See James A. Sanders and Astrid Beck, “The Leningrad Codex: The Oldest Complete Hebrew Bible,” BR 13:04.


See the discussion in James A. Sanders, “Spinning the Bible,” BR 14:03.


The notations help to preserve the text by clarifying unusual spellings, indicating where words appear elsewhere in the Bible and identifying those unique words that appear only once in the Bible, among other things. See the sidebar to this article, and Marc Brettler, “The Masoretes at Work: A Tradition Preserved,” sidebar to “The Leningrad Codex,” BR 13:04.



I am grateful to Professors Adrian Schenker and Shemaryahu Talmon, chief editors of Biblia Hebraica Quinta and the Hebrew University Bible, respectively, for reading the following and making helpful suggestions; any errors are mine alone. See Emanuel Tov, “The Place of the Masoretic Text in Modern Text Editions of the Hebrew Bible: The Relevance of Canon,” in The Canon Debate, ed. by Lee McDonald and Peter Flint (Grand Rapids, MI: Eerdmans, forthcoming).


New Testament text critics have established eclectic texts out of necessity, beginning in the 18th century, since there is nothing comparable to the MT for the New Testament. Up to that time, Erasmus’s Greek text of the New Testament was used by most students, including Luther when he translated the New into German in 1519. Text critics in many other fields also have to establish eclectic texts.


It is only in this century that any such effort has been made for the Qur’an, and the resistance to it is phenomenal. See James A. Sanders, “Hermeneutics of Text Criticism,” Textus 18 (1995), p. 3.


See Shemaryahu Talmon, “Aspects of the Textual Transmission of the Bible in the Light of Qumran Manuscripts,” Textus 4 (1964), pp. 95–132; Moshe Goshen-Gottstein, The Book of Isaiah: Sample Edition (Jerusalem: Magnes, 1965), pp. 12–13; Dominique Barthélemy, Interpreter’s Dictionary of the Bible, Supplementary Volume (Nashville: Abingdon, 1976), pp. 878–884.


For the earlier date, with focus on some form of “original” text, see Tov, Textual Criticism of the Hebrew Bible (Minneapolis, MN: Fortress, 1993), pp. 313–349; for the later date, with focus on the earliest community-accepted texts, see Talmon, “The Textual Study of the Bible—A New Outlook,” in Qumran and the History of the Biblical Text, ed. Frank Moore Cross and Talmon (Cambridge, MA: Harvard Univ. Press, 1975), p. 325; and see also Sanders, “Hermeneutics of Text Criticism,” pp. 16–20.


Sanders, “The Task of Text Criticism,” in Problems in Biblical Theology: Essays in Honor of Rolf Knierim, ed. H.T.C. Sun and Keith L. Eades (Grand Rapids, MI: Eerdmans, 1997), pp. 315–327.


The panel of editors preparing the individual biblical books for Biblia Hebraica Quinta includes Christian and Jewish scholars of varying persuasions.


If objectivity is but subjectivity under constraint, as seems now generally recognized, then the constraint clearly indicated in our field is dialogue between positions having different hermeneutics of the text. See Sanders, “Intertextuality and Dialogue,” Biblical Theology Bulletin 29:1 (1999), pp. 35–44.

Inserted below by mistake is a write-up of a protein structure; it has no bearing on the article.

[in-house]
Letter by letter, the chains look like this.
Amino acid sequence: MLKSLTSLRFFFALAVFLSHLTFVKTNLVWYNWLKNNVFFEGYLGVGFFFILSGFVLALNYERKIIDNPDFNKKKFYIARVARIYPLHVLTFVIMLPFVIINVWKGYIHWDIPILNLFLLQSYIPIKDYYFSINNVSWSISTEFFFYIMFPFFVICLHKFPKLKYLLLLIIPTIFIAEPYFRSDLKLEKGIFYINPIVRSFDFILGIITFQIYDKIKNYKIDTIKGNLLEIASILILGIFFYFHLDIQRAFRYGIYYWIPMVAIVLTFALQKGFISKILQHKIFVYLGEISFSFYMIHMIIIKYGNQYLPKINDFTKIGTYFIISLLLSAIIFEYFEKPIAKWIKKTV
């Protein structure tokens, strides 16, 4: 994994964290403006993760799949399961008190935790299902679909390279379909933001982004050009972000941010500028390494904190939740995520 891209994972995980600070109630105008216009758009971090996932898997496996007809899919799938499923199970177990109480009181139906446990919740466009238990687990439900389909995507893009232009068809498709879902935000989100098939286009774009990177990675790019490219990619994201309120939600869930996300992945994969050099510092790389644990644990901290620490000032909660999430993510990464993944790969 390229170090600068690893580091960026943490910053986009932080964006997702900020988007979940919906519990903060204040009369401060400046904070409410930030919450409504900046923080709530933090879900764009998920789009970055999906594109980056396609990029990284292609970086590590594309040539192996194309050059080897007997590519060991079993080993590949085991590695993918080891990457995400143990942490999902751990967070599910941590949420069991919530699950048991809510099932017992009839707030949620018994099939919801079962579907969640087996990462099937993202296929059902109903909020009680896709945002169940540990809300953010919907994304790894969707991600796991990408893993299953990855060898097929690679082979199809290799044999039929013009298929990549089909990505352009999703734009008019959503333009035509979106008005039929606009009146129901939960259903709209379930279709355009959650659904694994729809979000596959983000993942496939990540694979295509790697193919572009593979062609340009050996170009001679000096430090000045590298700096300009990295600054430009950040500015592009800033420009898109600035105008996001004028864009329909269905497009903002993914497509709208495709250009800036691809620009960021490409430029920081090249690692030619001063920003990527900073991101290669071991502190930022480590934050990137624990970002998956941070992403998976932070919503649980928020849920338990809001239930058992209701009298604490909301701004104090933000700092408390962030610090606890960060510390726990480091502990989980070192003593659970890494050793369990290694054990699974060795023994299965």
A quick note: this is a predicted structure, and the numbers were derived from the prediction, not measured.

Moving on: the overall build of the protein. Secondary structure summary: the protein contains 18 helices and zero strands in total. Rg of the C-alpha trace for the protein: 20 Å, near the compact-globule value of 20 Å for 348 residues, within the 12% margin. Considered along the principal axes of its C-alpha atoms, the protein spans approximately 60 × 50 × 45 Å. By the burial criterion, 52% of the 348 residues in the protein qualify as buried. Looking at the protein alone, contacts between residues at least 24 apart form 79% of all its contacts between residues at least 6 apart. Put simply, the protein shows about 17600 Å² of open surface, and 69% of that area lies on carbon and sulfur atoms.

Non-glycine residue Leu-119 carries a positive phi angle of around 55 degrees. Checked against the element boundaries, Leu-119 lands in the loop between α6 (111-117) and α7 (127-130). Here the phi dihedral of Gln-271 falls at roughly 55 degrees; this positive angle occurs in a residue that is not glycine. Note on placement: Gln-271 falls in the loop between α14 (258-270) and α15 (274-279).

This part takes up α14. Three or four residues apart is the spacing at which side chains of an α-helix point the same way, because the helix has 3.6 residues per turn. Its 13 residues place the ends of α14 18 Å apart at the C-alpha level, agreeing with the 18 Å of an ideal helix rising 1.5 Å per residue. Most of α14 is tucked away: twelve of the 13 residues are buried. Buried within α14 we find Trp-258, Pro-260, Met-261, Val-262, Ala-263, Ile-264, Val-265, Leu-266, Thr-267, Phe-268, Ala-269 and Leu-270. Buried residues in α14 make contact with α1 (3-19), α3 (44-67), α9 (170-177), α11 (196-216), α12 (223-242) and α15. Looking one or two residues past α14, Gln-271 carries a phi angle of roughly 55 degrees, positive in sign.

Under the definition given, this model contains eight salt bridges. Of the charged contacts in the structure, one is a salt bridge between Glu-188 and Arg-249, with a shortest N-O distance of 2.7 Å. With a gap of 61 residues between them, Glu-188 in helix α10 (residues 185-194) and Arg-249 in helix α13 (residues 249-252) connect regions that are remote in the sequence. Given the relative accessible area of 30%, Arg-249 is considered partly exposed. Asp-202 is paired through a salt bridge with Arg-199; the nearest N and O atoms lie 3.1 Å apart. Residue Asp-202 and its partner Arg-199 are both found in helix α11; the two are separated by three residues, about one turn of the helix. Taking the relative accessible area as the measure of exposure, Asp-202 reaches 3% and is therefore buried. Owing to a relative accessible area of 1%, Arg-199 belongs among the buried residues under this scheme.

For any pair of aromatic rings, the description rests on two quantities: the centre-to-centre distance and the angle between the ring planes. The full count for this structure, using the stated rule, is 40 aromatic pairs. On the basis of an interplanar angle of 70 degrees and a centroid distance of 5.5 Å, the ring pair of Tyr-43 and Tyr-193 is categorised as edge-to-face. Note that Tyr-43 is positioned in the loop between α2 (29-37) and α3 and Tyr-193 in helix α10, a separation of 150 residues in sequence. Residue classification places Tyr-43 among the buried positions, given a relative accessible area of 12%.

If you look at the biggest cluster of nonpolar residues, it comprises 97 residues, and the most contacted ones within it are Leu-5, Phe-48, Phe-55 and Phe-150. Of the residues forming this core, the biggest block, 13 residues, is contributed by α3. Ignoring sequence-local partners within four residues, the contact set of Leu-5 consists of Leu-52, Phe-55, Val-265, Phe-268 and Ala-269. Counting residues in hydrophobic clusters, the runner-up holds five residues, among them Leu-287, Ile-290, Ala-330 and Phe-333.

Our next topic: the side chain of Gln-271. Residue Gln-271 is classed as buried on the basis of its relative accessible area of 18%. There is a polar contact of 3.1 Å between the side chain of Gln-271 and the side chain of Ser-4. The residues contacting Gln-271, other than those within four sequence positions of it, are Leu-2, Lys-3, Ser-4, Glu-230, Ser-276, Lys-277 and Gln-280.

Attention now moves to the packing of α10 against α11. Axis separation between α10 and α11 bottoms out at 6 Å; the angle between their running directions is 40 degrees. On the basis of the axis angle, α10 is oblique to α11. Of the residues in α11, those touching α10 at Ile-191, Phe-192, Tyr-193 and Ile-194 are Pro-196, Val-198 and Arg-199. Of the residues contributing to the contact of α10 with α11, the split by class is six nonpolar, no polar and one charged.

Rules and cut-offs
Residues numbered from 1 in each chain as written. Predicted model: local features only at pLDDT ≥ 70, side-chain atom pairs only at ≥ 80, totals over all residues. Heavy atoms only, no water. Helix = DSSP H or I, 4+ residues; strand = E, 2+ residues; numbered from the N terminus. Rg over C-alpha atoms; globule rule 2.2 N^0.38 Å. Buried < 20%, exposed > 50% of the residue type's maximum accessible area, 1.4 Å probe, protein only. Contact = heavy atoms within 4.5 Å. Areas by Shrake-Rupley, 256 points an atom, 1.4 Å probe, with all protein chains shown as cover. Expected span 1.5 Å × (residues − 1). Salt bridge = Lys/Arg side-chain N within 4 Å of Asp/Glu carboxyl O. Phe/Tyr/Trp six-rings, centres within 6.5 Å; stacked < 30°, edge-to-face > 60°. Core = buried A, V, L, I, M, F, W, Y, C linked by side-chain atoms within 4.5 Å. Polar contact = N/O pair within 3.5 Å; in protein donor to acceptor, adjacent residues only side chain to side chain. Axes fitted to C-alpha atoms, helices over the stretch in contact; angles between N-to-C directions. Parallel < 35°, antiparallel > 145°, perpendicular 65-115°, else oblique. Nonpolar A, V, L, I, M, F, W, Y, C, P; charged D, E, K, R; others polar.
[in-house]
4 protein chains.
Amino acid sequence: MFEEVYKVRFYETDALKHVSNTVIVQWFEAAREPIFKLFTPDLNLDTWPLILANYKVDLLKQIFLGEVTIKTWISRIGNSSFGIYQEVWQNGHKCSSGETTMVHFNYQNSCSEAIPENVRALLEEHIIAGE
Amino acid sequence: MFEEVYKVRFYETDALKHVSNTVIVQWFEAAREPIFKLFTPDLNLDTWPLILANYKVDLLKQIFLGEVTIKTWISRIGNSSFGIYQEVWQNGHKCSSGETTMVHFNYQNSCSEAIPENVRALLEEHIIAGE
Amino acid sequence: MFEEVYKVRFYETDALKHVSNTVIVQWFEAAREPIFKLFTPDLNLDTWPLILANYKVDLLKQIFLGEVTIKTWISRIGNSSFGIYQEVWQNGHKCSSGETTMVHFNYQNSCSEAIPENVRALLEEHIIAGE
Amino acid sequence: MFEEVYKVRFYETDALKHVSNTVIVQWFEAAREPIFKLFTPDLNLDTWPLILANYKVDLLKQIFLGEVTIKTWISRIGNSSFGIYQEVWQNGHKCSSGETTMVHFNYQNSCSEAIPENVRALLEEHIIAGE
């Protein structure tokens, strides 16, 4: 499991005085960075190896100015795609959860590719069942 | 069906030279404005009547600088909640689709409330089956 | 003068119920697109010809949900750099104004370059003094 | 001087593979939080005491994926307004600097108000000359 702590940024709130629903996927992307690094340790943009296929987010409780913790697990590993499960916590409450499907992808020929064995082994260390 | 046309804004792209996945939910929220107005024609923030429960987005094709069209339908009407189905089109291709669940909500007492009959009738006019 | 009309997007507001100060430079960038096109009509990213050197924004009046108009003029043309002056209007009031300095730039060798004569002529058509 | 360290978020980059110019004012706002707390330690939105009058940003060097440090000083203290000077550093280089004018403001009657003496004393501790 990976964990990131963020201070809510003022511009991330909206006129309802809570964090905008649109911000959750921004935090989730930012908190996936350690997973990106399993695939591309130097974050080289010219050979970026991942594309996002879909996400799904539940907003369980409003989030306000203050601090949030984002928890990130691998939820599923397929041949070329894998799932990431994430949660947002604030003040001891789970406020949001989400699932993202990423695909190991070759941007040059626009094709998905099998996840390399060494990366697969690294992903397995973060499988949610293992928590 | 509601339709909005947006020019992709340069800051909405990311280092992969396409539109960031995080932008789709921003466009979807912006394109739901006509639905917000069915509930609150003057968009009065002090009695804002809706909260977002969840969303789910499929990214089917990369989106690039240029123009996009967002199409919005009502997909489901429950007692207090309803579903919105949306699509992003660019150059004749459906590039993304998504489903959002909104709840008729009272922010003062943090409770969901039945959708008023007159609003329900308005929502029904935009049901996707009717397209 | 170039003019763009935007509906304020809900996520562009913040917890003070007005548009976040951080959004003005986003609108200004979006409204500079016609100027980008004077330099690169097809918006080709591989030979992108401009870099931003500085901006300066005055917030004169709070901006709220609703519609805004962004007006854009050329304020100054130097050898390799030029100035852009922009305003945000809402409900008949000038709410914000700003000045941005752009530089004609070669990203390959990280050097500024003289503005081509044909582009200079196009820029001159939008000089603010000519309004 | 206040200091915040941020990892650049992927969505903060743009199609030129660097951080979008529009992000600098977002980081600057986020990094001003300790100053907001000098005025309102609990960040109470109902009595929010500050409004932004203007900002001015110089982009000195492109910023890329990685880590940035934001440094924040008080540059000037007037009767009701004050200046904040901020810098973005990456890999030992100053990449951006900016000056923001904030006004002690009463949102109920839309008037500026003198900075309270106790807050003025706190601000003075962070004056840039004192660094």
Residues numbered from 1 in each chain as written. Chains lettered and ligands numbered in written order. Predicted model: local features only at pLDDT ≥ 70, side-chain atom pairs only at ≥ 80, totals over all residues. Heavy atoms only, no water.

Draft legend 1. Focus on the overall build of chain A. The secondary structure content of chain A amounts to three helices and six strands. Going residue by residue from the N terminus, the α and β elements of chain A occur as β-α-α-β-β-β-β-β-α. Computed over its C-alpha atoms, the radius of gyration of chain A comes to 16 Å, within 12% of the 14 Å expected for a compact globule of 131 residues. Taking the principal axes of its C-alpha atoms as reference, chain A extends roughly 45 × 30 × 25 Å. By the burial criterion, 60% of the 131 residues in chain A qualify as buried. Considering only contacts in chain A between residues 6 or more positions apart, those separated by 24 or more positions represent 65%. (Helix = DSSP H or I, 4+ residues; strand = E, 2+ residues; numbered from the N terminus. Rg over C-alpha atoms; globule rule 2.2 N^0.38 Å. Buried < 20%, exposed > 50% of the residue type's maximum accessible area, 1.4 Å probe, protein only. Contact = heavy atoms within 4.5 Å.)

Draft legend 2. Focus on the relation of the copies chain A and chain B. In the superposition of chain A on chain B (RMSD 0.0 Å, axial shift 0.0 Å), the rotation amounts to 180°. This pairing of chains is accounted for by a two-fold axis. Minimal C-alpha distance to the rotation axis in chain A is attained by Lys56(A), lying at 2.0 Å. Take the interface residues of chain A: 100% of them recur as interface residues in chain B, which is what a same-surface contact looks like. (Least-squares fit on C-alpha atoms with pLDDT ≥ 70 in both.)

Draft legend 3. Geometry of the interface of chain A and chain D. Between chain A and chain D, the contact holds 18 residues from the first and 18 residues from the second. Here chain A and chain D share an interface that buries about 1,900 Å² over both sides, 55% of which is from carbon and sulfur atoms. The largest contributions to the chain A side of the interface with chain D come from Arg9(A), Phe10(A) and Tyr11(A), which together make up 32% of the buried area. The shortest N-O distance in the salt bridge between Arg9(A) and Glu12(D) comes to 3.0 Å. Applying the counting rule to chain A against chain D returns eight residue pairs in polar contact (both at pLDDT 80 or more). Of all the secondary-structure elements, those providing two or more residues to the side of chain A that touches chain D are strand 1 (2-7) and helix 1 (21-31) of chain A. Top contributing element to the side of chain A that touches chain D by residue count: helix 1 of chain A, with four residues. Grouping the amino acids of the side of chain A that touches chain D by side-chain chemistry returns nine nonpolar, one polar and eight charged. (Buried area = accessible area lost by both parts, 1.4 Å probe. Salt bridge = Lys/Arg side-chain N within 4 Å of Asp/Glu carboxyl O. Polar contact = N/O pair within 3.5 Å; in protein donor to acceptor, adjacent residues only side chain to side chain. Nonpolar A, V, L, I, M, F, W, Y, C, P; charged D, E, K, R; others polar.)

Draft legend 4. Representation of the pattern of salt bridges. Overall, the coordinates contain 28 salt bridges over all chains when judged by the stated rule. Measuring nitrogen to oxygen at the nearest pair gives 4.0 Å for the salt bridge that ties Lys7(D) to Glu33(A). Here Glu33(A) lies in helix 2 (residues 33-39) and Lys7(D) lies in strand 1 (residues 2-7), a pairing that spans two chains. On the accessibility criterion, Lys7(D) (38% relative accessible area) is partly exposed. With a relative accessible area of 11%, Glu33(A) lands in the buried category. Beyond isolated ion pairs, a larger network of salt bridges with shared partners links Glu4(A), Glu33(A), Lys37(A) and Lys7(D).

Barthélemy, Les Devanciers d’Aquila, Vetus Testamentum Supplements 10 (Leiden: Brill, 1963); his thesis is affirmed in Tov et al., The Greek Minor Prophets Scroll from Hever (8H.ev XIIgr), Discoveries in the Judaean Desert 8 (Oxford: Clarendon, 1990); see also Sanders, “Stability and Fluidity in Text and Canon,” in Tradition of the Text, ed. G. Norton and S. Pisano (Freiburg: Universitätsverlag, 1991), pp. 203–217.


Elias Bickerman, Studies in Jewish and Christian History (Leiden: Brill, 1976), vol. 1, p. 196.


The earliest New Testament manuscripts exhibited fluidity of text until after the conquest of Constantine, when accuracy in transmission became an issue; see Sanders, “Text and Canon: Old Testament and New,” in Mélanges Dominique Barthélemy: Etudes bibliques, ed. P. Casetti et al., Orbis Biblicus et Orientalis 38 (Fribourg: Editions Universitaires, 1981), pp. 373–394.


Prior to the first century, the hermeneutic of inspiration of sacred literature was basically dynamic, in which the focus was on the message conveyed; during the first century the hermeneutic shifted to “verbal inspiration” out of the need to have Scripture address rapidly changing problems in Judaism not directly addressed by the plain sense of earlier biblical messages. See Sanders, “Text and Canon: Concepts and Method,” Journal of Biblical Literature 98 (1979), pp. 5–29, and From Sacred Story to Sacred Text (Minneapolis, MN: Fortress, 1987), pp. 125–191.


Ronald S. Hendel, The Text of Genesis 1–11: Textual Studies and Critical Edition (New York and Oxford: Oxford Univ. Press, 1998).


Barthélemy, Critique textuelle de l’Ancien Testament, the introductions to the three volumes so far published, esp. vol. 3 (Fribourg: Editions Universitaires, 1992), pp. xlix-xcvi; Sanders, “Task of Text Criticism,” p. 324.


See Emanuel Tov, Textual Criticism of the Hebrew Bible (Minneapolis, MN: Fortress, 1992), pp. 108–109.


See Barthélemy, “Les Tiqquné Sopherim et la critique textuelle de l’Ancien Testament,” Vetus Testamentum Supplements 9 (1963), pp. 285–304, and Etudes d’histoire du texte de l’Ancien Testament (Fribourg: Presses Universitaires, 1978), pp. 91–110. Barthélemy shows that the figure 70 in MT Genesis 46 and Exodus 1 is secondary to the LXX witnesses that have 75 instead. His argument is that the number 70 in the MT in those passages constitutes hidden tiqquné sopherim (scribal changes) in the Masoretic tradition introduced to counter the view that there were 70 deities. This impinges directly on the readings in Deuteronomy 32:8, which Hendel treats as a separate problem.


See, e.g., Sanders, “Task of Text Criticism,” pp. 326–327.